The Conservatives’ effort at a grassroots youth movement is embarrassingly inept, writes Samantha Stevens
Peer-to-peer production and the partner state
Michel Bauwens and Vasilis Kostakis argue that we need to move to a commons-centric society – with a state fit for the digital age
Imagining a future free of oppression
Writer, artist and organiser Ama Josephine Budge says holding on to our imagination of tomorrow helps create a different understanding today
The ‘alt-right’ is an unstable coalition – with one thing holding it together
Mike Isaacson argues that efforts to define the alt-right are in danger of missing its central component: eugenics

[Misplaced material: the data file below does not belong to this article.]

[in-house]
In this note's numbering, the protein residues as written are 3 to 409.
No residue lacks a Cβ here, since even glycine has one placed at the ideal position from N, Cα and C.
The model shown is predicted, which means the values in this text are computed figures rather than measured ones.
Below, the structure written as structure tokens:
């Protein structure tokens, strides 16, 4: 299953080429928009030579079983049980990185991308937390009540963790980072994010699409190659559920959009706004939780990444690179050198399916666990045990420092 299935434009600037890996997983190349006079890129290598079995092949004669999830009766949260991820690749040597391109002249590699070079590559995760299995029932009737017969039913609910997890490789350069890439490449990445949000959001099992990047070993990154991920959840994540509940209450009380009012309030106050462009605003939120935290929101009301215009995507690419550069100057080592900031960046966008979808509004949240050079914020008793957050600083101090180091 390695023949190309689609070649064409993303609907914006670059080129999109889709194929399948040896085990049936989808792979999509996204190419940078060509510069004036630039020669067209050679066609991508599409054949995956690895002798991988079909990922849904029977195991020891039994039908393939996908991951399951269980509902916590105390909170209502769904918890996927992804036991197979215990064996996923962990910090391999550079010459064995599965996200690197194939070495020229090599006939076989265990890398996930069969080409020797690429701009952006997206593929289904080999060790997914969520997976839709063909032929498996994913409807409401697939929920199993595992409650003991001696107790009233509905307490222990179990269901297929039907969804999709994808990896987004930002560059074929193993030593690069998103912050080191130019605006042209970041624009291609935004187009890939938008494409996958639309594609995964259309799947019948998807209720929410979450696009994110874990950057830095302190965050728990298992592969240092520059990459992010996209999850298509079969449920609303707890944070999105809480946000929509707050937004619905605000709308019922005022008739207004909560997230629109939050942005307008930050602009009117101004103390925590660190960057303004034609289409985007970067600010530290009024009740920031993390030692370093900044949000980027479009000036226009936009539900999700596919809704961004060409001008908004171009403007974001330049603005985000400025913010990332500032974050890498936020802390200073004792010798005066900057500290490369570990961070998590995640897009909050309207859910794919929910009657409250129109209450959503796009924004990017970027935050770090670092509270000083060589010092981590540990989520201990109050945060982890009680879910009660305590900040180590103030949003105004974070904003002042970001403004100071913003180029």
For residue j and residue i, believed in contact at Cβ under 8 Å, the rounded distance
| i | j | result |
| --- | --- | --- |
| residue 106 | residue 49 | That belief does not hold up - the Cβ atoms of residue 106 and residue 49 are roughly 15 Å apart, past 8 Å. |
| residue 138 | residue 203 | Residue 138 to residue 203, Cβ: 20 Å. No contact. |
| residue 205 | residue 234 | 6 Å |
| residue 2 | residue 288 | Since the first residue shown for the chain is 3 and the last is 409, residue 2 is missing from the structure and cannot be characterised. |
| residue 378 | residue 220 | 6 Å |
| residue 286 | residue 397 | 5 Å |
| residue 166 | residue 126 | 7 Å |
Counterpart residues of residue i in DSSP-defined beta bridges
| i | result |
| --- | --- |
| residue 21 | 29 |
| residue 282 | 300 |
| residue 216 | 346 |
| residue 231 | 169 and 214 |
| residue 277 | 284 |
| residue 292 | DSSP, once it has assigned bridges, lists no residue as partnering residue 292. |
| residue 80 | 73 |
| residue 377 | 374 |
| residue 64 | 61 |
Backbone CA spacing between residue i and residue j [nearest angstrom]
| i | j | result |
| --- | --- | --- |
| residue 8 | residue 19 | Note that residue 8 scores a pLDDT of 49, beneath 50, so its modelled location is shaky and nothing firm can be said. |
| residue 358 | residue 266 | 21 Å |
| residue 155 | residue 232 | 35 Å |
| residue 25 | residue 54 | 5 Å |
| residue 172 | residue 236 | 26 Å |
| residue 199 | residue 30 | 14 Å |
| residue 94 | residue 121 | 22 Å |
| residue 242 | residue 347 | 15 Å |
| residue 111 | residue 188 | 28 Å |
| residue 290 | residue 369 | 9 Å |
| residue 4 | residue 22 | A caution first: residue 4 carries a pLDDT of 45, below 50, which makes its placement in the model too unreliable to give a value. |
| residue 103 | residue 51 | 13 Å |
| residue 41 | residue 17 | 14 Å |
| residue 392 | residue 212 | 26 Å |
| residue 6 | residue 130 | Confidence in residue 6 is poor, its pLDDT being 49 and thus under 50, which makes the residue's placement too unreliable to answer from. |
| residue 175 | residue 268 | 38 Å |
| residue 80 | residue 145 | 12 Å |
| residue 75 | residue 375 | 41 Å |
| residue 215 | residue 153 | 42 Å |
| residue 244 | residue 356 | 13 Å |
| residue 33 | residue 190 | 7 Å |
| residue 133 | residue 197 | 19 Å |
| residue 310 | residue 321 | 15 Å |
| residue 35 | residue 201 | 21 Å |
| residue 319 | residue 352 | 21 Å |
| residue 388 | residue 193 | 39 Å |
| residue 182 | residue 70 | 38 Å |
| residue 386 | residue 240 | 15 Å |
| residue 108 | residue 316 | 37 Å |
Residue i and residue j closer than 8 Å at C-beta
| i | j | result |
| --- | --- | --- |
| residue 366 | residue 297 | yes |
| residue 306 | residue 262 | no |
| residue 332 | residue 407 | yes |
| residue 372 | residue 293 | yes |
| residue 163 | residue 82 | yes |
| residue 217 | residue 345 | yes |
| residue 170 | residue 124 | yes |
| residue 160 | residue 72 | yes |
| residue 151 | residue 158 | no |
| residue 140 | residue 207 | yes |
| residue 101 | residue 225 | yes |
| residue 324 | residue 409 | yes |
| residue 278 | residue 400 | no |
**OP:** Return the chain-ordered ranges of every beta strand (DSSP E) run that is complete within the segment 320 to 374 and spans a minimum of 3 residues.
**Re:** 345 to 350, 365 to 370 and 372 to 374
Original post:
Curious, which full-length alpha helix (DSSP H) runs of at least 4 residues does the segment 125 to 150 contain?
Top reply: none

Fighting for Peace: the battles that inspired generations of anti-war campaigners
Now the threat of nuclear war looms nearer again, we share the experience of eighty-year-old activist Ernest Rodker, whose work is displayed at The Imperial War Museum. With Jane Shallice and Jenny Nelson he discussed a recent history of the anti-war movement.
Put public purpose at the heart of government
Victoria Chick stresses the need to restore the public good to economic decision-making
Don’t let the world’s biggest arms fair turn 20
Eliza Egret talks to activists involved in almost two decades of protest against London’s DSEI arms show
The new municipalism is part of a proud radical history
Molly Conisbee reflects on the history of citizens taking collective control of local services
With the rise of Corbyn, is there still a place for the Green Party?
Former Green principal speaker Derek Wall says the party may struggle in the battle for votes, but can still be important in the battle of ideas
Fearless Cities: the new urban movements